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7 Right-Wing Absurdities This Week: Colbert Causes Conservative Meltdown Edition
The hysteria on the right about Stephen Colbert’s elevation to CBS’s Late Night post has been nothing short of hilarious. Even before news hit that Colbert would replace David Letterman when he retires, Bill O’Reilly frantically declared that Colbert is responsible for the “destruction of America.” That’s quite a distinction, when there are so many other things vying for the title of “America’s Top Destroyer.” (Wait, reality contest show idea: “Who will be America’s Next Top Destroyer?”) More than failing infrastructure, abject refusal to deal with the coming climate catastrophe, rampant, spiraling inequality to rival the Gilded Age, near daily mass shootings, the criminalization of poverty; or deportation of millions of legions of innocent undocumented immigrants [insert your favorite scourge here], it is Stephen Colbert who is ushering in the decline of this great nation. [Read more]
Ten Cliches Christians Should Stop Saying
We Christians have a remarkable talent for sticking our feet in our mouths. When searching the words most commonly associated with “Christian,” the list ain’t pretty. I think part of this can be attributed to a handful of phrases that, if stricken from our vocabulary, might make us a little more tolerable. Yes, these things may mean something to you, but trust me, non-Christians don’t share your love for these tried-and-true cliches. [Read more]
World Vision & The Church I Used To Know
Twenty years ago, Christian historian Mark Noll wrote a book about evangelical intellectual life called The Scandal of the Evangelical Mind. I recommend it especially to those who believe that evangelical Christians are backward, hate-filled idiots (you know who you are). I’ve been thinking about his book lately, as my evangelical brothers and sisters are obsessing over gay marriage, or gays working in Christian organizations like World Vision, or whether Disney’s “Frozen” promotes a gay lifestyle. Noll’s book came to mind because it starts with an amazing line: “This book is an epistle from a wounded lover.” [Read more]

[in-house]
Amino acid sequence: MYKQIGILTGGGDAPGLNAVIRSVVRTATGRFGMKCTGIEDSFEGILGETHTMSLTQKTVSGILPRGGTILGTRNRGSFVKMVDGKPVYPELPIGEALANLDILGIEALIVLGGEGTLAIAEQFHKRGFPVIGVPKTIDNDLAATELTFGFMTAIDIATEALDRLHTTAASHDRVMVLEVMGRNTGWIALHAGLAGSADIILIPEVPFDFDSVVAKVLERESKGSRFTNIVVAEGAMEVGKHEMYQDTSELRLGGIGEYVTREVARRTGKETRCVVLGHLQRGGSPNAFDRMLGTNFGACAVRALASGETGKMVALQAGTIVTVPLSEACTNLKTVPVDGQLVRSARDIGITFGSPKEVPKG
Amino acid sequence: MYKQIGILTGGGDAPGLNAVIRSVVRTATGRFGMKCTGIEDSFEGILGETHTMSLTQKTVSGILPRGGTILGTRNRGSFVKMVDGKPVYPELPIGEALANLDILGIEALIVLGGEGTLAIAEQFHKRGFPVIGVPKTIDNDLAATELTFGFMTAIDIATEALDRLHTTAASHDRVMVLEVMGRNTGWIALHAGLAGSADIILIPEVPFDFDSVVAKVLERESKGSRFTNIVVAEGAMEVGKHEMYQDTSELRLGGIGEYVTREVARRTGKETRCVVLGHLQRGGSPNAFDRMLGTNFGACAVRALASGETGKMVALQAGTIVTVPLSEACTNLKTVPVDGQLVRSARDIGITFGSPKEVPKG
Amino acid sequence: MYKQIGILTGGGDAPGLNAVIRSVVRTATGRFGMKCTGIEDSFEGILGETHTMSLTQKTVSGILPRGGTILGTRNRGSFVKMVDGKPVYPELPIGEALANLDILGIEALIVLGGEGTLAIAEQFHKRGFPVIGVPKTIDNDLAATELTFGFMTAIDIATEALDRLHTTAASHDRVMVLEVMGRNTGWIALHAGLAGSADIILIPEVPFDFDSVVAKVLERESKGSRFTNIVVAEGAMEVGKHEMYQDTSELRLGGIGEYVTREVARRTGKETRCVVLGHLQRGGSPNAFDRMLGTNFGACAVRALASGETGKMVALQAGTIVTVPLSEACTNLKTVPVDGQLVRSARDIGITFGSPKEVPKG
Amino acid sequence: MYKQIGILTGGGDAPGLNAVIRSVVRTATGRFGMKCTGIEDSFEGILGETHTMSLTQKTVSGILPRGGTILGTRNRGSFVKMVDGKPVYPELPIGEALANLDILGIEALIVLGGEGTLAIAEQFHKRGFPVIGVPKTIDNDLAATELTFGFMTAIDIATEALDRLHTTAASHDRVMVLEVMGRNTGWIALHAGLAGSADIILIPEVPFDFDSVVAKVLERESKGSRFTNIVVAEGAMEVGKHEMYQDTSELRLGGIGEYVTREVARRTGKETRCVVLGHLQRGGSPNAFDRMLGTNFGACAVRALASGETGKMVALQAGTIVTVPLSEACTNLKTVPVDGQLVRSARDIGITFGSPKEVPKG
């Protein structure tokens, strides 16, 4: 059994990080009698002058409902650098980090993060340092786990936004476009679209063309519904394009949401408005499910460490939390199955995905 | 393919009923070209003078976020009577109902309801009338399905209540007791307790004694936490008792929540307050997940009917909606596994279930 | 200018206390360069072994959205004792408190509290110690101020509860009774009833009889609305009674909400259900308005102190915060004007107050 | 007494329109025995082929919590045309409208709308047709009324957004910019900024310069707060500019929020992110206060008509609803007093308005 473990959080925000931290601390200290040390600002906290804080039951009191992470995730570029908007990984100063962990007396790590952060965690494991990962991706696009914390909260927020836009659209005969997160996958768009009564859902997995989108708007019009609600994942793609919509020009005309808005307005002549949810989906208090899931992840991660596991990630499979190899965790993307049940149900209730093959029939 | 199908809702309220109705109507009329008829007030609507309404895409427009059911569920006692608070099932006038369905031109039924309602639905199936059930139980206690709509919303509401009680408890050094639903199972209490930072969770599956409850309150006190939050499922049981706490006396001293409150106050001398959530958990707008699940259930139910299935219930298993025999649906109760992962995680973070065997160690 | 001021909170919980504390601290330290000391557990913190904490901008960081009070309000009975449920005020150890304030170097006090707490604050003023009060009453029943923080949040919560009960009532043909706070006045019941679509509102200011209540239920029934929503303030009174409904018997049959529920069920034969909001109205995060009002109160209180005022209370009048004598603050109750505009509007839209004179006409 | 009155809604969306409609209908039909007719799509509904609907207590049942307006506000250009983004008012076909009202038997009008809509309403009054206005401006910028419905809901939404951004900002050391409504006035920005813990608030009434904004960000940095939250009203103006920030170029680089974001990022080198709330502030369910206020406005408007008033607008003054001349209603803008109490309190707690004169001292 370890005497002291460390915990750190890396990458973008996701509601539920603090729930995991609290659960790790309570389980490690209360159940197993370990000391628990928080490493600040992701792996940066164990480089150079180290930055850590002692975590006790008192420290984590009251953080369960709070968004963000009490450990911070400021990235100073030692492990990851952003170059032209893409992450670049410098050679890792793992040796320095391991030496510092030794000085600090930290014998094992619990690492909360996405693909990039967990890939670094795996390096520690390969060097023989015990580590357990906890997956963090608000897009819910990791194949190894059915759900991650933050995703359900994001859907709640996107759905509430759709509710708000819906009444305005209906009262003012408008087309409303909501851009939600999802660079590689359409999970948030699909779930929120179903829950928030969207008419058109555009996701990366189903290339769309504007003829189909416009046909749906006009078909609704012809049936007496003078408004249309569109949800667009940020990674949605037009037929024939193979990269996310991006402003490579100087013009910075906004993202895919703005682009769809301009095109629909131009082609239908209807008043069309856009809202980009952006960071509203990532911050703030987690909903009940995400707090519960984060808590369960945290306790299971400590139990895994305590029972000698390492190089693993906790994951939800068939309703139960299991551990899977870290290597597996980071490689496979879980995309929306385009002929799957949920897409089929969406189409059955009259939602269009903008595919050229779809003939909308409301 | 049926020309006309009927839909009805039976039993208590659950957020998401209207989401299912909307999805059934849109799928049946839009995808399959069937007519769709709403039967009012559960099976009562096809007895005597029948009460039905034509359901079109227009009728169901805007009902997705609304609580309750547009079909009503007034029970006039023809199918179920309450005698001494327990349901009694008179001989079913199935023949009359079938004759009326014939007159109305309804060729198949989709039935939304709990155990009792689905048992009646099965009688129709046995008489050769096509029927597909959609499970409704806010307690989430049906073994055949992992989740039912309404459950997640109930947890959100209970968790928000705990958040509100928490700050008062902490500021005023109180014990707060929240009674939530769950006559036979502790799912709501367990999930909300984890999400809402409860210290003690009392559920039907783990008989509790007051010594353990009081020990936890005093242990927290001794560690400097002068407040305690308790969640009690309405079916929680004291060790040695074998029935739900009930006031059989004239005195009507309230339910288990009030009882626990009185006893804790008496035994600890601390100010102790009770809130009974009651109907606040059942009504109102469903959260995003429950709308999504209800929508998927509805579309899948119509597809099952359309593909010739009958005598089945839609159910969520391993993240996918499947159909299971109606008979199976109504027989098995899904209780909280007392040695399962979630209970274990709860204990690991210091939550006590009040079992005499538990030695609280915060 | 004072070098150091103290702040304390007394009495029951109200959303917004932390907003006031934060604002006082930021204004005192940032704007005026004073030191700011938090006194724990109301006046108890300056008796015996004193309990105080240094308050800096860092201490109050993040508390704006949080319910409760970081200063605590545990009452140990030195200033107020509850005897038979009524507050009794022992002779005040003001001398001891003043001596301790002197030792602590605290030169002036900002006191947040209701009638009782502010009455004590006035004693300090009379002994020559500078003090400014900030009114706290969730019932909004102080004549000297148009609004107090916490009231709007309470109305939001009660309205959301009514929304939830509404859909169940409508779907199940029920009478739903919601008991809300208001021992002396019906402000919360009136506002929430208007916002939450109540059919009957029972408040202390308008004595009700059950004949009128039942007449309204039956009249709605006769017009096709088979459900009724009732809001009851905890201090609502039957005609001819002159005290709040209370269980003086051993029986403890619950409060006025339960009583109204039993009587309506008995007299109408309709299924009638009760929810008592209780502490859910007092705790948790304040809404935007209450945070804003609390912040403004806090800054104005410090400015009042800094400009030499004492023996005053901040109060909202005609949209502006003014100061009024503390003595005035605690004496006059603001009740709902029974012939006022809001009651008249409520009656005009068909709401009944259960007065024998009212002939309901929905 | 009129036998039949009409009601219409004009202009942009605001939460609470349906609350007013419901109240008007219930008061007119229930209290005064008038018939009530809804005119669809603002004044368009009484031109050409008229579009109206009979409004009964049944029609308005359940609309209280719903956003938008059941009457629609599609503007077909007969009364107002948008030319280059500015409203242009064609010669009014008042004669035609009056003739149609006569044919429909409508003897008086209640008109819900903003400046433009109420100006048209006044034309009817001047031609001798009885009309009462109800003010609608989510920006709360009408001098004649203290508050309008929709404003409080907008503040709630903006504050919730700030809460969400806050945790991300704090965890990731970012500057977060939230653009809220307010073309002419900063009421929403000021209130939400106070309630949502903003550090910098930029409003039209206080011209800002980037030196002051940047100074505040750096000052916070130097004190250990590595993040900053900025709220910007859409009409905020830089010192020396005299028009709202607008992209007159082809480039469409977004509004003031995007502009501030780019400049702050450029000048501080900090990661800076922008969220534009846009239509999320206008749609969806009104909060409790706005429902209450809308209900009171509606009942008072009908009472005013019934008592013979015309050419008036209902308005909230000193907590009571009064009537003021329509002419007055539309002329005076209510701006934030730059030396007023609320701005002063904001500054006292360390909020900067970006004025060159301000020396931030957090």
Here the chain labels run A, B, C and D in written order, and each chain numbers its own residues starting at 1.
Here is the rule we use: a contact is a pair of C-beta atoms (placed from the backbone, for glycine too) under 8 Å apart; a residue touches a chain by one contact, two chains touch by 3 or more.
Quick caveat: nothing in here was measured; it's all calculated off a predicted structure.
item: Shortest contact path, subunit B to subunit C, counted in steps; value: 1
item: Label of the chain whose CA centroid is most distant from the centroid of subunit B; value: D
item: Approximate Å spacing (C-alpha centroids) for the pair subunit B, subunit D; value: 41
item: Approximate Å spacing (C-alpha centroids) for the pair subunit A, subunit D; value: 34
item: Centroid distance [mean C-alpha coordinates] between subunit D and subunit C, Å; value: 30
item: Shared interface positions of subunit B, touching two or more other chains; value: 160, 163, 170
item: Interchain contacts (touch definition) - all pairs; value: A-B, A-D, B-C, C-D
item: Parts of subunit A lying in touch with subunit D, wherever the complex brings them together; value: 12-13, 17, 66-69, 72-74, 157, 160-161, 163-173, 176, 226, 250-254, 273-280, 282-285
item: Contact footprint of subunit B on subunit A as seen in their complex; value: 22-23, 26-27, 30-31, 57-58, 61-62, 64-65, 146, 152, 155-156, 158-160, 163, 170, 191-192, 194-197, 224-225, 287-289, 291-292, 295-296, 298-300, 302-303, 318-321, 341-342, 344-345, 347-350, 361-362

The Non-Elite: A Brief Meditation on the Nature of Atheist Humanism
What concerns me most about the misapplication of the word ‘humanist’ to full frontal atheists is that most such humanists are not humanists at all. Not in any meaningful sense. To be solipsistic about it, if they were they would not be full frontal atheists. By dint of past associations, I have a great many ‘friends’ (as Facebook misuses the term) who would call themselves new or raw or ‘out’ atheists—-Dawkinsites in short. In a pinch they will say they like books (who doesn’t?), art (sort of), and music (some). But I always have the impression that you can’t press them too closely on what books, music or art they like. [Read more]
Engage Youth in Convincing Discourse to Check the Spread of Bigotry, Say Scholars
A number of academics and experts have underlined the need for serious efforts to contain atheism in the Kingdom. Claiming that there is a link between the spread of atheism and extreme religious views, the experts said a moderate image of Islam must be promoted and any doubts youths may have about religion must be addressed in a convincing manner, Al-Madinah Arabic daily reported. Their comments came in light of a poll that showed the Kingdom is the first country in the Islamic world where the number of atheists had crossed the 5 percent mark. The poll, called “The Global Index of Religiosity and Atheism”, was conducted by WIN-Gallup International. [Read more]
Is the Modern Skeptical Movement Actually Necessary?
Think back for a moment and consider the social and scientific climate in 1940′s America. I think that it’s fair to say that during and since that time, many erroneous (unscientific) ideas and unscrupulous claims have been successfully tackled and (last I checked) science almost always prevails. The interesting thing is that a vast majority of these erroneous ideas were defeated without the aid of a “skeptical movement.” I find this fact both fascinating and curious. [Read more]
Isaac Asimov on the Thrill of Lifelong Learning, Science vs. Religion, and the Role of Science Fiction in Advancing Society
Isaac Asimov was an extraordinary mind and spirit — the author of more than 400 science and science fiction books and a tireless advocate of space exploration, he also took great joy in the humanities (and once annotated Lord Byron’s epic poem “Don Juan”), championed humanism over religion, and celebrated the human spirit itself (he even wrote young Carl Sagan fan mail). Like many of the best science fiction writers, he was as exceptional at predicting the future as he was at illuminating some of the most timeless predicaments of the human condition. [Read more]